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Network Security

Homeland Security Warning: Disable Java from Browsers

Homeland Security Warning: Disable Java from Browsers
January 11, 2013 2:25PM

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One of Java's strengths increases its vulnerability -- its much touted ability to run the same code on multiple platforms. This can be useful for developers, who can avoid having to create different versions for a variety of operating system configurations. But if there's a security flaw, Java's strength can also become a criminal hacker's dream scenario.

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It's not every day that the U.S. Department of Homeland Security makes an urgent recommendation to computer users. But they are doing so now, asking people to disable Java software because of a newly discovered security vulnerability that opens up millions of computers to criminal hacking.

The warning comes after a security flaw was discovered earlier this week that experts say could be used to attack computers. Several popular exploit kits, which are tools used by criminals to attack vulnerable computers, have recently added the ability to exploit the newly found flaw.

Java is installed on millions of Mac, Windows and Linux computers worldwide via browser plug-ins, and users are being advised to disable the plug-ins.

'Like Open Hunting Season'

One security expert told the Reuters news service that the current situation is "like open hunting season on consumers," while another described Java as "a mess" that is not secure.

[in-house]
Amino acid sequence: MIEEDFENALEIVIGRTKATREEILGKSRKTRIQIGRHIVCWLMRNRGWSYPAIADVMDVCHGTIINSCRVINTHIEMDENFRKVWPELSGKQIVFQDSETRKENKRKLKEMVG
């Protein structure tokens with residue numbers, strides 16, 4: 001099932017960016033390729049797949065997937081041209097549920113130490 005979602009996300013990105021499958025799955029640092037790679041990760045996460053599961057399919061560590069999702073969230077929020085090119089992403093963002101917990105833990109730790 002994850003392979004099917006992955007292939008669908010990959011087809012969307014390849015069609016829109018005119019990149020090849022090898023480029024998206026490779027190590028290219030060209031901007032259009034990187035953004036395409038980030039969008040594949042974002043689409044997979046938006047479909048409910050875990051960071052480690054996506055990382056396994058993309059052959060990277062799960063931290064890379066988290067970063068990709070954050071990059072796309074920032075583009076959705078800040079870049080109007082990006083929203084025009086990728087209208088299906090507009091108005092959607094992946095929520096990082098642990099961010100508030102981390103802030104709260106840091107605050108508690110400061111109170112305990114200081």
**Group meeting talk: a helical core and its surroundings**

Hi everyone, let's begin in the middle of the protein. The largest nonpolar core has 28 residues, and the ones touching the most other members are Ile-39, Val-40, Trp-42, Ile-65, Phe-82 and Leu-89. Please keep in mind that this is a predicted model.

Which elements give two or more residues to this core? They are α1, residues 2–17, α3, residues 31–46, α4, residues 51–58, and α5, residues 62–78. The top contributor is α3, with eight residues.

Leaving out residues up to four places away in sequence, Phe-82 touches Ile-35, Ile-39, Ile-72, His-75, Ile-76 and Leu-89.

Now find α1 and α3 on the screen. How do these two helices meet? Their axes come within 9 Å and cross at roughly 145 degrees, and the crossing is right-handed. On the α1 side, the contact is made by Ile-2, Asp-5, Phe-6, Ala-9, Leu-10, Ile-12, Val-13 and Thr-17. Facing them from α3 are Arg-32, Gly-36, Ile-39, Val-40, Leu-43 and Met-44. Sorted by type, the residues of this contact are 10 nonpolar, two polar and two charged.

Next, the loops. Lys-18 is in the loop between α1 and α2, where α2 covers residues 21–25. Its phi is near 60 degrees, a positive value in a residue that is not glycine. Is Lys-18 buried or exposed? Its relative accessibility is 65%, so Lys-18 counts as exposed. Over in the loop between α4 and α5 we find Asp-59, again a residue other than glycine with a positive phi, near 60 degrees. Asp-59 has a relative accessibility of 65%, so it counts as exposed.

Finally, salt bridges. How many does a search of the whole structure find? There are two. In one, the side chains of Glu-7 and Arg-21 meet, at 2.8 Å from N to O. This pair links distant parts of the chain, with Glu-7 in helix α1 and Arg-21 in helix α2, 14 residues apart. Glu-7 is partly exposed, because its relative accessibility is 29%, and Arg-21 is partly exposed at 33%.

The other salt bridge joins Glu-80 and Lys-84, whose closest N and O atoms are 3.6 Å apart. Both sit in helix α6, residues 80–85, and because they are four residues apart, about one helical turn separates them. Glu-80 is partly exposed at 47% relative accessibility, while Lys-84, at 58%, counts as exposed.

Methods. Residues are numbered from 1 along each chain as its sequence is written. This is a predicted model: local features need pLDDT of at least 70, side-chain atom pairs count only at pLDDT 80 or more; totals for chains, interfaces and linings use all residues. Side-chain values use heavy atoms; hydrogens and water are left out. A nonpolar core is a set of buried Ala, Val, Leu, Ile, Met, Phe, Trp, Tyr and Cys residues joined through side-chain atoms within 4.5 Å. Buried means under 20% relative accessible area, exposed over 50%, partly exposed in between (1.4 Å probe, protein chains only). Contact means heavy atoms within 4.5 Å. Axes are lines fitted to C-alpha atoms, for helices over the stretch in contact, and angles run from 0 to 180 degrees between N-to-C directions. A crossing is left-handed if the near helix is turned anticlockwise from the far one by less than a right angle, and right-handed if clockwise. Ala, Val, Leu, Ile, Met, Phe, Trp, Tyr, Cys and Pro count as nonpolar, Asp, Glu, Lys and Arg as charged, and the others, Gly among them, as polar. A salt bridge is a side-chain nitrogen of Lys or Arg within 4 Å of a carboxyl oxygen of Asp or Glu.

Generally, consumers do not need Java in their browsers, but some businesses may be using it for online activities. For instance, Java is utilized in Citrix's widely used online collaboration software, GoToMeeting.

In a posting Thursday on the Web site of its Computer Emergency Readiness Team (CERT), Homeland Security said that the "Java 7 Update 10 and earlier contain an unspecified vulnerability that can allow a remote, unauthenticated attacker to execute arbitrary code on a vulnerable system."

It noted that a remote attacker could convince a Web user to visit a specially made Web page, which could then carry out the attack. The attacking code could infect a well-known, legitimate site as well as ones with lesser credibility, and then stage the attack from there. Since there are no known practical solutions, the agency recommends that users disable Java in Web browsers.

Instructions for Removal

Oracle, which acquired Java when it bought Sun, has a page that describes how to disable Java for all browsers on Windows machines, or individually by browser on any platform. The instructions, How Do I disable Java in my web browser?, are located at http://www.java.com/en/download/help/disable_browser.xml

One of Java's strengths increases its vulnerability -- its much touted ability to run the same code on multiple platforms. This "write once, run many" ability can be very useful for developers, who then can avoid having to create different native versions for a variety of different operating system configurations. But if there's a security flaw, Java's strength can also become a criminal hacker's dream scenario.